Trenton Bricken 00:31:20

This is a very legitimate response.It's, “if you say humans are generally intelligent, then artificial general intelligence is no more capable or competent.” I'm just worried that you have that level of general intelligence in silicon. You can then immediately clone hundreds of thousands of agents and they don't need to sleep, and they can have super long context windows, and then they can start recursively improving, and then things get really scary. So I think to answer your original question, you're right, they would still need to learn associations.

Dwarkesh Patel 00:31:52

But wait, if intelligence is fundamentally about these associations, the recursive self-improvement is just them getting better at association. There's not another thing that's happening. So then it seems like you might disagree with the intuition that they can't be that much more powerful, if they're just doing that.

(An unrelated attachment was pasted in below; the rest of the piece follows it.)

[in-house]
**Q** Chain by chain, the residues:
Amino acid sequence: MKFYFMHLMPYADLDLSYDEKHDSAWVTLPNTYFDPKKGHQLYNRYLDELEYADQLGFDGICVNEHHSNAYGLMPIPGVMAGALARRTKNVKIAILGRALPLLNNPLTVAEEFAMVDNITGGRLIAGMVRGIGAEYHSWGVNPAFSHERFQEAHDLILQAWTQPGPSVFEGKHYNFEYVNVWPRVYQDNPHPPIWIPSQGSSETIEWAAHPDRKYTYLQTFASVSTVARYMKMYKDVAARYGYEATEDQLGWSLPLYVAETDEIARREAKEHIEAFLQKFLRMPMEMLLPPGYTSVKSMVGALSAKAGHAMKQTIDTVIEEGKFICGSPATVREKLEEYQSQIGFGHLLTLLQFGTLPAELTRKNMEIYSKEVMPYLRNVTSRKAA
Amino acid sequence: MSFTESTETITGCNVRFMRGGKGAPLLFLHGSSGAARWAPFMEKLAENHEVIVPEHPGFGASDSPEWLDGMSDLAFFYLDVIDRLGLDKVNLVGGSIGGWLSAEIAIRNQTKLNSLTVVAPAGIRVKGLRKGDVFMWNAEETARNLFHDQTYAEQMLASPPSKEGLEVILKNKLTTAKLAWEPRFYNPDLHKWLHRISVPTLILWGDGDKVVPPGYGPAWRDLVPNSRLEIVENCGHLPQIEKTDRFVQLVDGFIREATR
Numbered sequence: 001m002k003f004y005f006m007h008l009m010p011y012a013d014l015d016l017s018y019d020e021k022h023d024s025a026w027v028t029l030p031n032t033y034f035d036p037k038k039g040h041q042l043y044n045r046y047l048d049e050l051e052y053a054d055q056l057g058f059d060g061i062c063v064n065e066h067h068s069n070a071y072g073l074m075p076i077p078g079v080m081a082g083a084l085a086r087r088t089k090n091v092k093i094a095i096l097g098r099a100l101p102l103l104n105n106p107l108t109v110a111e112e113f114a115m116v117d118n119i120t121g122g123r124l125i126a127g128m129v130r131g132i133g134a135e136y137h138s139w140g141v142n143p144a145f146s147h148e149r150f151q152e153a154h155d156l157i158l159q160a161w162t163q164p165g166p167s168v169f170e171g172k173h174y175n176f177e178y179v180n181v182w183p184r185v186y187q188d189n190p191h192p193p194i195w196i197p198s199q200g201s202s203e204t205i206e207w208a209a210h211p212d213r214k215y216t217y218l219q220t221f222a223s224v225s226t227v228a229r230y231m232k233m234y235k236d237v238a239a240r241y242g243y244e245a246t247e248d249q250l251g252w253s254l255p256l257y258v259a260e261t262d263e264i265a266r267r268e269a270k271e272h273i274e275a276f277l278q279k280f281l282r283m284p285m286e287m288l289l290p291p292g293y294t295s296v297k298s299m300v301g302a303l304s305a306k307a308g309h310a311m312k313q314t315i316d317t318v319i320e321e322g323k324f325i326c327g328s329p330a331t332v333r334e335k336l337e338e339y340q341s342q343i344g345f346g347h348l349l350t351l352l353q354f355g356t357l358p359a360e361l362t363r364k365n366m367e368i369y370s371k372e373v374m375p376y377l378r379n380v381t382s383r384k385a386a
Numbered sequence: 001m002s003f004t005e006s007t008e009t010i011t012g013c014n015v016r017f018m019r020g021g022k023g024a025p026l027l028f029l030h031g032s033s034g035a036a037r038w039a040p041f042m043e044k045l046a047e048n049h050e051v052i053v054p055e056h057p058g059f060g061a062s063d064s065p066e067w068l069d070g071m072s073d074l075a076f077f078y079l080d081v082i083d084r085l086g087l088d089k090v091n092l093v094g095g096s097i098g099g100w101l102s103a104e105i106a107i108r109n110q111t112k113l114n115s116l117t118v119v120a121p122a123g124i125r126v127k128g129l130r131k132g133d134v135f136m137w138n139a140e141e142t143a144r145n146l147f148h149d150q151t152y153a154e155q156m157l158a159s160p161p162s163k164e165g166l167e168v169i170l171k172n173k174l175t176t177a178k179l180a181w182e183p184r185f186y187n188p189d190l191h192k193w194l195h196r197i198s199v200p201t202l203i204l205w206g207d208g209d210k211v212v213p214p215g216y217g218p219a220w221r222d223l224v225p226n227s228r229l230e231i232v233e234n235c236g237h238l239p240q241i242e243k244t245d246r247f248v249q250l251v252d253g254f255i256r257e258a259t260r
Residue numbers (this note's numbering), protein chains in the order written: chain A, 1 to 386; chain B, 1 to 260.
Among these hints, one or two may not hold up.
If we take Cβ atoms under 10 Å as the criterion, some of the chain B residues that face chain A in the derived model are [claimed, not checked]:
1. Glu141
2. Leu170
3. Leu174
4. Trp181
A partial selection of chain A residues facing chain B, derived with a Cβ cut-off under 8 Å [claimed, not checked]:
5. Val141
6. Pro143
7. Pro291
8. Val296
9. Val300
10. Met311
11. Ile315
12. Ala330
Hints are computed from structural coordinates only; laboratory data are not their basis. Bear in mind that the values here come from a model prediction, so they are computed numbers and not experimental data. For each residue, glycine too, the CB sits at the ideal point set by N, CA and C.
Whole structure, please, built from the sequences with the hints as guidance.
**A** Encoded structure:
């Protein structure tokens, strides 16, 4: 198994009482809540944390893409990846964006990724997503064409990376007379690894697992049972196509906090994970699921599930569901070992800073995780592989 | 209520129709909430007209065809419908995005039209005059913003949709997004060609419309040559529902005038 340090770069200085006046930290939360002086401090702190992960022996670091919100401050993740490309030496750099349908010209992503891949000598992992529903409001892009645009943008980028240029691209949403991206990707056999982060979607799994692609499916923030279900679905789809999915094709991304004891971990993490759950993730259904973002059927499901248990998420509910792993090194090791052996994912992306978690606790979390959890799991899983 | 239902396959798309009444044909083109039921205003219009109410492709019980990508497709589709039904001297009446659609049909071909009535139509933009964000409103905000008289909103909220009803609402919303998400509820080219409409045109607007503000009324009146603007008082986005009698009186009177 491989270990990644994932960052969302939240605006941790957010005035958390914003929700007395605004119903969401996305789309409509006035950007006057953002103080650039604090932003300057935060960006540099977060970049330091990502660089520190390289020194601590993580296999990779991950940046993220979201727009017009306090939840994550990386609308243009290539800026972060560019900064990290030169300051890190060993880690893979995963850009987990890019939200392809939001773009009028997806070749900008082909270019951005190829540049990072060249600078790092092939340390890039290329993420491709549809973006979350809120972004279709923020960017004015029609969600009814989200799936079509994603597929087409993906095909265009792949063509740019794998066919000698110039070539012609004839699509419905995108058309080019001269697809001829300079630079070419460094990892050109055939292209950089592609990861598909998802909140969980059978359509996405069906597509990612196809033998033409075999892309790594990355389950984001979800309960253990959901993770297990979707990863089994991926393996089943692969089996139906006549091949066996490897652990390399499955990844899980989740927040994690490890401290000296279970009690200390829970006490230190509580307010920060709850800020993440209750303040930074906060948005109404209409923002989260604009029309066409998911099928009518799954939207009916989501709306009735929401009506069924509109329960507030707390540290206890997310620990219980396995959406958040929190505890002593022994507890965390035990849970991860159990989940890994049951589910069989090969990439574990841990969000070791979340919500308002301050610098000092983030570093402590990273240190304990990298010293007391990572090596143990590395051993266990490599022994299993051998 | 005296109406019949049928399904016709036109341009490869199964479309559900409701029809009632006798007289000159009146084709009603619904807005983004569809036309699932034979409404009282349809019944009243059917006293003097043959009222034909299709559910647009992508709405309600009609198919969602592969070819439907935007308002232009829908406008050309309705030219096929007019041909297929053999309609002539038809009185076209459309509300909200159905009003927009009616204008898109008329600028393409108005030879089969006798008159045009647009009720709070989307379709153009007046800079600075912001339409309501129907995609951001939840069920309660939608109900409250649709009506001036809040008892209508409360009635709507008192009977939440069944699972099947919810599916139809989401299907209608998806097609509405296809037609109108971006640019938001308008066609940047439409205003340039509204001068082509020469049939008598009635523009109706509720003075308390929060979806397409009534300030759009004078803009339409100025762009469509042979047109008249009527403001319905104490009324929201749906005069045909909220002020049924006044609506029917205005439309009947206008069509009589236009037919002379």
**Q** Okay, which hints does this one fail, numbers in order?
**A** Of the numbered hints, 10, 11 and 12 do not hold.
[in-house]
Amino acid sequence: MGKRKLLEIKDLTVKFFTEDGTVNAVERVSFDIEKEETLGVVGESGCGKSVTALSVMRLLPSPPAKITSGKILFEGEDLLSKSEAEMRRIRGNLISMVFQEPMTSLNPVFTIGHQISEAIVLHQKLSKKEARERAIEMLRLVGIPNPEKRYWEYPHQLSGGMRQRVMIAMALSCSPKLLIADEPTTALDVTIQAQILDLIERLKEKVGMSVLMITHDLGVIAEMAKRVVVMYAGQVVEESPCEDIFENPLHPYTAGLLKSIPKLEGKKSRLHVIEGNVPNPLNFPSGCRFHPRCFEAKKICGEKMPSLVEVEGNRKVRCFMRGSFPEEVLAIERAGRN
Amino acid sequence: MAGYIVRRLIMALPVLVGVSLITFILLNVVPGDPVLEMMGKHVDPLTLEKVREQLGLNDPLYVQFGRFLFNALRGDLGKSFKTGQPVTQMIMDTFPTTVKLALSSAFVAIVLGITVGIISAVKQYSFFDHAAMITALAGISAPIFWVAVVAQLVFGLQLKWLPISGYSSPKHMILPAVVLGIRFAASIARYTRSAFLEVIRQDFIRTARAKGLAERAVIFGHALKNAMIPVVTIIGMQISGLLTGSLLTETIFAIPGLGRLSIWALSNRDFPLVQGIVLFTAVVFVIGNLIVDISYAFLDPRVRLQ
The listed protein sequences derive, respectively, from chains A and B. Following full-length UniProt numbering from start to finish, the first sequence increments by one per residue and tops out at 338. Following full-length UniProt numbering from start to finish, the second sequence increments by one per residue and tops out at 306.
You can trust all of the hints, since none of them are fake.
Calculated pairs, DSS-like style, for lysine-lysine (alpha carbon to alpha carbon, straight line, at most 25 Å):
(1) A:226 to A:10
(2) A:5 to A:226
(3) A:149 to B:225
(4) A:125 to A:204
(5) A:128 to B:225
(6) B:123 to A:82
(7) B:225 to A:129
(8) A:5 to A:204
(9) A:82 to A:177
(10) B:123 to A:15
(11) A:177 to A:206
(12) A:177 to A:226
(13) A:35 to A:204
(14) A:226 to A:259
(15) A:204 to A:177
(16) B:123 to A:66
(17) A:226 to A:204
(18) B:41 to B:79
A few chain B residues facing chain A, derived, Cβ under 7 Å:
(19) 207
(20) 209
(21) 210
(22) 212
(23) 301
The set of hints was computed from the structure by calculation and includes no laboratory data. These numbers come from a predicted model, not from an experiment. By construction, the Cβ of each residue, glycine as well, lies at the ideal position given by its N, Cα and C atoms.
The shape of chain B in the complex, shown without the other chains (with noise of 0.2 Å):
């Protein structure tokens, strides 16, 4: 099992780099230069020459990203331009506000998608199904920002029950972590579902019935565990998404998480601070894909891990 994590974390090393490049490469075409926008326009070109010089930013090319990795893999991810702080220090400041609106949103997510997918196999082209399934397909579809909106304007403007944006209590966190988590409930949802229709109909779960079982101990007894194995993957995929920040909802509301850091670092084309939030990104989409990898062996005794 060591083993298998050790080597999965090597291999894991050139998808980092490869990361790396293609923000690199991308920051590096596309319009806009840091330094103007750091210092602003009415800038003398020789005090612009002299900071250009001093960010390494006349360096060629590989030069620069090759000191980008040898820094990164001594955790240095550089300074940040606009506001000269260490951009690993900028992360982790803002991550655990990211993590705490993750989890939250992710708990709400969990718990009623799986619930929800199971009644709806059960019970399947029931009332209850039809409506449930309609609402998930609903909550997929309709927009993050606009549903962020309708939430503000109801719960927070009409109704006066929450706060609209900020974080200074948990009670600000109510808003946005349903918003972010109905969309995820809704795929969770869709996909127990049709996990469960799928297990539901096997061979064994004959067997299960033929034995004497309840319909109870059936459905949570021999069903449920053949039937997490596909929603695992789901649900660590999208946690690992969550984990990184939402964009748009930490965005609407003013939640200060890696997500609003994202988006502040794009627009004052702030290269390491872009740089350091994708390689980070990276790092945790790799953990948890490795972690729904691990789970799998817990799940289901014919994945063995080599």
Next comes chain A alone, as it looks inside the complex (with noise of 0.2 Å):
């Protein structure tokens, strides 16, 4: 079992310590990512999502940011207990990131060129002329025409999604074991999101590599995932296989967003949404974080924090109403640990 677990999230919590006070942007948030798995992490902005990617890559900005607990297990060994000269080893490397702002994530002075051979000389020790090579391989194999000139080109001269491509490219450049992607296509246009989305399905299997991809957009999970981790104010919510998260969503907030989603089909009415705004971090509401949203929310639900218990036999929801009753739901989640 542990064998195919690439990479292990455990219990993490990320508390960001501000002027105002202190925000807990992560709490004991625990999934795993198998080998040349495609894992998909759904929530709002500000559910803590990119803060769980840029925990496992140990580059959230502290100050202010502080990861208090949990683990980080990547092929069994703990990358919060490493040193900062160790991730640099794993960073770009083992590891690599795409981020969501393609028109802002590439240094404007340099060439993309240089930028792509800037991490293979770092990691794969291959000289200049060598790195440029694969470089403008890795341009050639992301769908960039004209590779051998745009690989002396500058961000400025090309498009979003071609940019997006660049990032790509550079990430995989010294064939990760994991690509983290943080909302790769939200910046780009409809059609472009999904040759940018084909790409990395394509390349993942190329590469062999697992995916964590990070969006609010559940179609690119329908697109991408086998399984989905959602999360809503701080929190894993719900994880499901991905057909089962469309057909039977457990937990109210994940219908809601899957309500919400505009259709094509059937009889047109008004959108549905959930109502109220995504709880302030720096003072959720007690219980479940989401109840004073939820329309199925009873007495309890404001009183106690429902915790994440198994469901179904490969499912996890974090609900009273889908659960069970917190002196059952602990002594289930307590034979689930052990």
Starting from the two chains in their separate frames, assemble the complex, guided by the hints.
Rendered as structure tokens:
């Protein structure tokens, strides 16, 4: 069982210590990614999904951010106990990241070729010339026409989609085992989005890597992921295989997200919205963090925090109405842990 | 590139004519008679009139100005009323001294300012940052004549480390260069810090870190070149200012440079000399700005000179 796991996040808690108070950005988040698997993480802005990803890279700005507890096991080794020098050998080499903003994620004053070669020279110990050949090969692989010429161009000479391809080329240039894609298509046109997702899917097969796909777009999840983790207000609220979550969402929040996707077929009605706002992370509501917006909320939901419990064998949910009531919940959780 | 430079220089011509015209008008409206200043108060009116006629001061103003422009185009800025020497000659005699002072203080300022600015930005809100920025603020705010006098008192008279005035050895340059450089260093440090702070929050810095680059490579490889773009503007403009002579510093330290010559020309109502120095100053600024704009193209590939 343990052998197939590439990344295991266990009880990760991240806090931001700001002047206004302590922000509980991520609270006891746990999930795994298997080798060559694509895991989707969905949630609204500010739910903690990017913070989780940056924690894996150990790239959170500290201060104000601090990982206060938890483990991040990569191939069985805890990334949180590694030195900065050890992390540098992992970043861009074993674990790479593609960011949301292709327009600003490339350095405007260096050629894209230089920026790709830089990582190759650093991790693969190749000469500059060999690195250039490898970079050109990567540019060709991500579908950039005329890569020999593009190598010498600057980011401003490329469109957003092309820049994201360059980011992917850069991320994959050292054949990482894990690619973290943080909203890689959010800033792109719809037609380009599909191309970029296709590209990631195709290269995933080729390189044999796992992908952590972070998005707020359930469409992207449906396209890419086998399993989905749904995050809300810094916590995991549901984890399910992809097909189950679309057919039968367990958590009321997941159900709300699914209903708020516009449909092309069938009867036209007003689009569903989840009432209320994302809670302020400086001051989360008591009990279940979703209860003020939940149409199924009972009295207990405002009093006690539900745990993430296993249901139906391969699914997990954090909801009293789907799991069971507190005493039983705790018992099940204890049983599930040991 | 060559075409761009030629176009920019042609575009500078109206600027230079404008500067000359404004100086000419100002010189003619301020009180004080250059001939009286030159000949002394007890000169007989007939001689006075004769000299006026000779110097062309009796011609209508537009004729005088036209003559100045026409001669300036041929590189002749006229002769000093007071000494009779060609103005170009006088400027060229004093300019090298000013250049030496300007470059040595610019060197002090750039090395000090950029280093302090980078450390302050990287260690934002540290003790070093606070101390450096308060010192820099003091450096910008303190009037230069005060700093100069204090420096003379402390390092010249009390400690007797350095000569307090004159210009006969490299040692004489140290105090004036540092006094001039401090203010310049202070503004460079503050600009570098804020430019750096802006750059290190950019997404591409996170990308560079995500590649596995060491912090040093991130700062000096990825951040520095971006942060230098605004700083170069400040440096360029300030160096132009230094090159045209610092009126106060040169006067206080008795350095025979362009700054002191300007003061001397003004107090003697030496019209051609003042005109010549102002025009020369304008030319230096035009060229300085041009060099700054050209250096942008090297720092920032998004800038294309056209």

Trenton Bricken 00:32:11

I think then you can get into really interesting cases of meta-learning. When you play a new video game or study a new textbook, you're bringing a whole bunch of skills to the table to form those associations much more quickly. And because everything in some way ties back to the physical world, I think there are general features that you can pick up and then apply in novel circumstances.

00:32:35 - Intelligence explosion & great researchers

Dwarkesh Patel 00:32:35

Should we talk about the intelligence explosion then? The reason I'm interested in discussing this with you guys in particular is that the models of the intelligence explosion we have so far come from economists.